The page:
Tuesday, January 16, 2007

Exploits, and Russians and Brazilians, Oh My!

Hi folks,

Well, it's been an interesting day today. Firstly, a public exploit has been published for this months VML vulnerability. Microsoft patched it on January 9, and the public version came out on January 16th. Pretty quick, really. Fortunately, this version doesn't work all the time on English/ US versions of XP, but we should assume that all the Bad Guys are anxiously trying to fix that right at this moment. Last September's VML exploit is pretty much a standard part of the major web exploit gang's reportoires. Naturally, we've released a signature for it, so LinkScanner users have little to fear.

And not only that, but just yesterday the boys over at WebSense noticed that, arguably for the first time, Brazilian hackers were using using exploits, notably WebAttcker, to install their banking trojans. Up until now, they mostly just tried to trick people into installing the trojan, and the use of WebAttacker was a significant escalation.

The second interesting event for the day is that today we have another example of Russians teaming up with Brazilians to use exploits to install banking trojans. This time it's the venerable MS06-014, which still seems to work great on people who do their banking at work (because corporates don't patch very often).

The scam works like this ... first they set up a bogus greeting card site on something like geocities in Brazil, and simply send out a fake greeting card. The victim clicks the card and is taken to the fake site. If they're not patched ... voila... they have some new programs, downloaded from somewhere in Russia, installed for free. MS06-014 is not really that important, but it means the Brazilian Carders are really investigating using exploits and vulnerabilities. It's another escalation.

Keep safe,


Monday, January 15, 2007

Blogger can have javascript embedded?

Hi folks,

I guess other people knew this, but I did not. It turns out that if you own a blog, using the new version of Blogger, you can embed javascript, by adding Page Elements in the layout screen.

What this means is that, if you wanted to, you could embed exploits. Now, to be fair, it's only in your own blog, and an exploit might get shut down pretty quickly, but on the other hand, some exploits are pretty subtle, and some will not be noticed until long after someone has surfed off somewhere else. And, of course, if it's a rootkit, it might not be noticed at all.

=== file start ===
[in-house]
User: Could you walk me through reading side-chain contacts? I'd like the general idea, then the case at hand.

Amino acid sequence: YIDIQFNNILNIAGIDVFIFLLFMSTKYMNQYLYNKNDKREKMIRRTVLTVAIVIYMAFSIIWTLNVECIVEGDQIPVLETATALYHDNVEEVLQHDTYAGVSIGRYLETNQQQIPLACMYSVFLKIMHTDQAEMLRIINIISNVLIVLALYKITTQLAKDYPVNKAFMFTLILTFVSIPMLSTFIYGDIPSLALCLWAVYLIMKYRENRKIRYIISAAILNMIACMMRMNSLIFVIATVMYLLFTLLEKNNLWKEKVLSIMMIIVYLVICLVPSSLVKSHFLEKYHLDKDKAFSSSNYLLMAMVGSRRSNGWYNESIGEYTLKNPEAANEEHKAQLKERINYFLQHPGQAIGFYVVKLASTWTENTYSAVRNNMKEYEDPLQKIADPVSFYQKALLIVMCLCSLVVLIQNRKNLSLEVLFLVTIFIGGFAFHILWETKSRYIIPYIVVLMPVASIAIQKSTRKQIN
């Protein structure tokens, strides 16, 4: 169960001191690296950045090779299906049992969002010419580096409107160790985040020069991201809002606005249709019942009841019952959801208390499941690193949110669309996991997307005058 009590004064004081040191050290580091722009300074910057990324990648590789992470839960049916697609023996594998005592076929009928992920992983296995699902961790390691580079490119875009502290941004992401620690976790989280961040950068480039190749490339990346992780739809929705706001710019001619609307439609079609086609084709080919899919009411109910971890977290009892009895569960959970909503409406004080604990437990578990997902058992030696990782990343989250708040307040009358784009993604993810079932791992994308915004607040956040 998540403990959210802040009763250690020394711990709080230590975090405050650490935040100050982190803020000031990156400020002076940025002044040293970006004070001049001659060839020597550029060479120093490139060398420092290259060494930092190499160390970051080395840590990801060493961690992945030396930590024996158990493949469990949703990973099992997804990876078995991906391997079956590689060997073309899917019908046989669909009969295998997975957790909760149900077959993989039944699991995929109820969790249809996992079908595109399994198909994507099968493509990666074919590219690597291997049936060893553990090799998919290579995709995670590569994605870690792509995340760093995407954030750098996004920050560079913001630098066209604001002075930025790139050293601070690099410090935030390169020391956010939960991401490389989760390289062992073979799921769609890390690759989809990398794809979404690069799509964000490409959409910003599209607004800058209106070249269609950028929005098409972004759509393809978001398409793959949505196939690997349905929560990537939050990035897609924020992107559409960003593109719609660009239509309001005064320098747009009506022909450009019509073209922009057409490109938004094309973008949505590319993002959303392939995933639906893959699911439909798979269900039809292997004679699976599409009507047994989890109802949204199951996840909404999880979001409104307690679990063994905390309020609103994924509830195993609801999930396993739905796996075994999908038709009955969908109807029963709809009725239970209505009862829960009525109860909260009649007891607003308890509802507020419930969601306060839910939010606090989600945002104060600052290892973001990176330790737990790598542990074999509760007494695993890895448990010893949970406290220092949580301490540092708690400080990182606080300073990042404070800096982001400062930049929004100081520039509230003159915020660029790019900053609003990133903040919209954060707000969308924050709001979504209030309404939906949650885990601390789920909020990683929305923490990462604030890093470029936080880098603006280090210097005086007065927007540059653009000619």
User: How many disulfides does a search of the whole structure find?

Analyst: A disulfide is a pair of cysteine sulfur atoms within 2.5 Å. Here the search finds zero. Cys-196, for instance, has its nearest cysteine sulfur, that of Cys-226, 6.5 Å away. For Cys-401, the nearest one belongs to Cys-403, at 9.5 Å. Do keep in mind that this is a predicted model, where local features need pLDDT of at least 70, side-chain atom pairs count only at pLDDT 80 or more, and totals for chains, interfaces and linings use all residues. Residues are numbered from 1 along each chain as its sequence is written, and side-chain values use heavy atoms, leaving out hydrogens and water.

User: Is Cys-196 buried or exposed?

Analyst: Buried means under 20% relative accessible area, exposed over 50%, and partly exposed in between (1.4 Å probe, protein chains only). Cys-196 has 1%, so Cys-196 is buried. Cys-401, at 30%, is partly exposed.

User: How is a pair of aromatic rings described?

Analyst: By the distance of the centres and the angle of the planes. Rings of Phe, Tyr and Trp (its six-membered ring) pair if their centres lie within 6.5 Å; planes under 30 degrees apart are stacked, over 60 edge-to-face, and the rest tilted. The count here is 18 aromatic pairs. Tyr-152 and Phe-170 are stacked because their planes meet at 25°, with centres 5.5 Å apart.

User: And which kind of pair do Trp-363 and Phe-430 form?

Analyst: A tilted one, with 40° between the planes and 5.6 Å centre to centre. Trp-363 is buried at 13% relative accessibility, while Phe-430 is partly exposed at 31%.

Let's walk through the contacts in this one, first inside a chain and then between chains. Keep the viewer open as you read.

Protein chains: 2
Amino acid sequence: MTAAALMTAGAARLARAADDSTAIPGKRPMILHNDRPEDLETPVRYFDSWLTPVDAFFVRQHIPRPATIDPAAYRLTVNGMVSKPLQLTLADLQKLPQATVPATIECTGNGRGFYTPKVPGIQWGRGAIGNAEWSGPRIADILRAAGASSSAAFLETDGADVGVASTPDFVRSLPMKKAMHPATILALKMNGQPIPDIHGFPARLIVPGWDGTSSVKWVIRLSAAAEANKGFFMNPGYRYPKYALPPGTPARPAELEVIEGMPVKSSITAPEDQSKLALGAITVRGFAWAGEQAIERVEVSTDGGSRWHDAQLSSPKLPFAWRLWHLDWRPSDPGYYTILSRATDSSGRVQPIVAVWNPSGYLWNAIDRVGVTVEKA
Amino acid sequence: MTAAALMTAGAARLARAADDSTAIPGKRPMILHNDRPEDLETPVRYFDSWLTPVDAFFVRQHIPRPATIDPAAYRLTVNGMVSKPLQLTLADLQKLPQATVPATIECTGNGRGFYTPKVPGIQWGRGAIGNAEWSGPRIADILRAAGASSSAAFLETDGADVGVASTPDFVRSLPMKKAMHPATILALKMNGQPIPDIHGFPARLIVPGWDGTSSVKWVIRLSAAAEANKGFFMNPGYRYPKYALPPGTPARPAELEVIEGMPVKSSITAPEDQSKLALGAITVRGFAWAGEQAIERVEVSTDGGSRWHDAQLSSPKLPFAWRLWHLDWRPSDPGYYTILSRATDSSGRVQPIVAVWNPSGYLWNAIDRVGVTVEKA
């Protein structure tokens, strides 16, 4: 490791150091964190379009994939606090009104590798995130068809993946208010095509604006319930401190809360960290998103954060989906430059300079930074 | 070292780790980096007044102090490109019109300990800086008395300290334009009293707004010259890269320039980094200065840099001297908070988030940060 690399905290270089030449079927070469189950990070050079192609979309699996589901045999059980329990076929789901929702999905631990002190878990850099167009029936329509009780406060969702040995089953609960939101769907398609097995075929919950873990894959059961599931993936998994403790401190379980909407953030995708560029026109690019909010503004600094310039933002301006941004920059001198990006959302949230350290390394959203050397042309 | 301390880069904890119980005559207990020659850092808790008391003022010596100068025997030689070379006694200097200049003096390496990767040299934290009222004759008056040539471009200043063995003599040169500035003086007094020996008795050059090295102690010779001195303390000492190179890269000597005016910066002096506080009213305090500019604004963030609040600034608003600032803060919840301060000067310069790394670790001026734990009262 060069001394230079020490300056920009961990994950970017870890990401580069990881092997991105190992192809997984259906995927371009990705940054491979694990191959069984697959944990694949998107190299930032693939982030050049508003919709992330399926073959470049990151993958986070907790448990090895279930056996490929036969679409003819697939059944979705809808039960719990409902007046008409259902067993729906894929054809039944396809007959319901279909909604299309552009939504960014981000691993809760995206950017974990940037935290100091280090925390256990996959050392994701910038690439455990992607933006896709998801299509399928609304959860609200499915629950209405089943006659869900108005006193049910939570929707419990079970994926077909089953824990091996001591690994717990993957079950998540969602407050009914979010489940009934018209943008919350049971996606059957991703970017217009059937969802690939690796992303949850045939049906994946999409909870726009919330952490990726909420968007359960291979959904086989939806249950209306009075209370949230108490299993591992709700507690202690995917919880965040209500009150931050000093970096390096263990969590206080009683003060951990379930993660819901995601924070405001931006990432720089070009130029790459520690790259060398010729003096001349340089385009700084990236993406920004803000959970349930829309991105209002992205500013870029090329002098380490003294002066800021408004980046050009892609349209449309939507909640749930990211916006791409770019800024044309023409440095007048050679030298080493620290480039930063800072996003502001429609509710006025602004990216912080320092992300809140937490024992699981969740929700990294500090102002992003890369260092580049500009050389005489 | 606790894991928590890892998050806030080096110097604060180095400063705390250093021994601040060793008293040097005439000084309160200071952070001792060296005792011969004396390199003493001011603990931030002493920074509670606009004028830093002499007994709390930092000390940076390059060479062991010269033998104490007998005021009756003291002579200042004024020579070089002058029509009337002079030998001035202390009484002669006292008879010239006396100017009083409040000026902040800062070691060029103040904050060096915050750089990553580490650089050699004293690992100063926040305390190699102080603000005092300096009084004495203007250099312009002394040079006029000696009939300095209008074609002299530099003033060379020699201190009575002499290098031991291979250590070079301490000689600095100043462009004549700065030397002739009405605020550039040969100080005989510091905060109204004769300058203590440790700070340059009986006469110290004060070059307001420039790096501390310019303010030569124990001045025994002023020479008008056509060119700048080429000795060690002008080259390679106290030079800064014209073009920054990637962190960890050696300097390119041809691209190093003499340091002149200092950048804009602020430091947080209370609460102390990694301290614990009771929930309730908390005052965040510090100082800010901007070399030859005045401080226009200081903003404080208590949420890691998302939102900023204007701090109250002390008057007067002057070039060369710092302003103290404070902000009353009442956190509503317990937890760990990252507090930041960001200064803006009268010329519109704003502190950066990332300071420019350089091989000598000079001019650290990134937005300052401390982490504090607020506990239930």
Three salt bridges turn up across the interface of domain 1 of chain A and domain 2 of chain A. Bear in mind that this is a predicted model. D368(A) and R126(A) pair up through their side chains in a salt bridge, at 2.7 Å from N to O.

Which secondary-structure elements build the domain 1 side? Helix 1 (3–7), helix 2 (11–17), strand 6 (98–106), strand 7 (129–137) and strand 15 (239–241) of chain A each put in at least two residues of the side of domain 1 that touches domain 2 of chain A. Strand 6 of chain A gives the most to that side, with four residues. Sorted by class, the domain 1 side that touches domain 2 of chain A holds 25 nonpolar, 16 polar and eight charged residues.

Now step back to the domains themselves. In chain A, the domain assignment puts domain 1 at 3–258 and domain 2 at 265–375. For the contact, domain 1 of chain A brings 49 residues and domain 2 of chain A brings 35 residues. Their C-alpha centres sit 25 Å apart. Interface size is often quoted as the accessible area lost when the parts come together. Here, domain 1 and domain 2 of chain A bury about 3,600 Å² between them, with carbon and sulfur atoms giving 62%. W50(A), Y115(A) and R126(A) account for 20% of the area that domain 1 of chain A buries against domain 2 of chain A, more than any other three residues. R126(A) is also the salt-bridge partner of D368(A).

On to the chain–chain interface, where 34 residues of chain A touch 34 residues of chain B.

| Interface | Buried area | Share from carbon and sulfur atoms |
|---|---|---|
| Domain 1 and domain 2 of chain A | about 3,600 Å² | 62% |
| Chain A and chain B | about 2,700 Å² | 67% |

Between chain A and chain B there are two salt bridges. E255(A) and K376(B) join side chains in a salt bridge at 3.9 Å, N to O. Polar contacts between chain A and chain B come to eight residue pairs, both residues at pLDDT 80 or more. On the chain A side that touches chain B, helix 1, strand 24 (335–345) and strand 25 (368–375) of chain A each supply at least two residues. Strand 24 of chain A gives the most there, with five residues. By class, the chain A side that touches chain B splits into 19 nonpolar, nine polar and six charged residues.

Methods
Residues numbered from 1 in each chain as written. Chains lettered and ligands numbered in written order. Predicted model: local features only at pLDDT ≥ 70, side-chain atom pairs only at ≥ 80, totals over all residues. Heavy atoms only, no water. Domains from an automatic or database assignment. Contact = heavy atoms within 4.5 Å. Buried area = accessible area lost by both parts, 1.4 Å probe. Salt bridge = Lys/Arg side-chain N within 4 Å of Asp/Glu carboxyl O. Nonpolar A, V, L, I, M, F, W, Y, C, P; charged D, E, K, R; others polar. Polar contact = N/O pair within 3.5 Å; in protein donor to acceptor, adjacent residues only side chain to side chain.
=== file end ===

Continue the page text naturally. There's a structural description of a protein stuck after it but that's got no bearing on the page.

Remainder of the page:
So far we have not found any overt exploits, but we do keep finding obfuscated automatic redirects to bogus search engines or porn pages.

How it works is this ... They first go to the trouble of setting up a fairly legitimate looking page. Probably they just "borrow" one from a legitimate site, such as Royal Caribbean Tours. This ensures that when the google bots come to index them, they will have lots of good keywords to be indexed on. Then, by adding a small javascript, they automatically redirect any visitors to the real target.

I guess they consider that it's marketing, but being the kindest that you can, it's bait and switch at a minimum.

Naturally, we've taken the precaution of preemptively blocking those scripts, but it's easy to see how that school teacher recently got into trouble for having porn on the computers under her control.



Saturday, January 13, 2007

Yay! Winbudget is installed!

Hi folks,

In the last day or so, there has been some discussion, particularly in EDU circles, about some sort of bot programs infecting computers and displaying "Yay". (The Attentive Reader will be amused that malcode would actually announce its presence, but that's beside the point). It's not yet clear where they're getting the Yay-bot from, but part of the mystery is now solved. The purpose of the Yay-bot is to install a piece of adware/spyware called WinBudget. This is a Browser Helper Object that appears to monitor all the major search engines, and hijack the search results, displaying its own popups as well.

I guess we can speculate that the dork^h^h^h^h programmer who wrote the installer must have been a bit of a newbie, and was thrilled to find his code actually worked... thus the "Yay". The BHO, however, works quite well and is a real nuisance, and we've taken the precaution of blocking the BHO install site.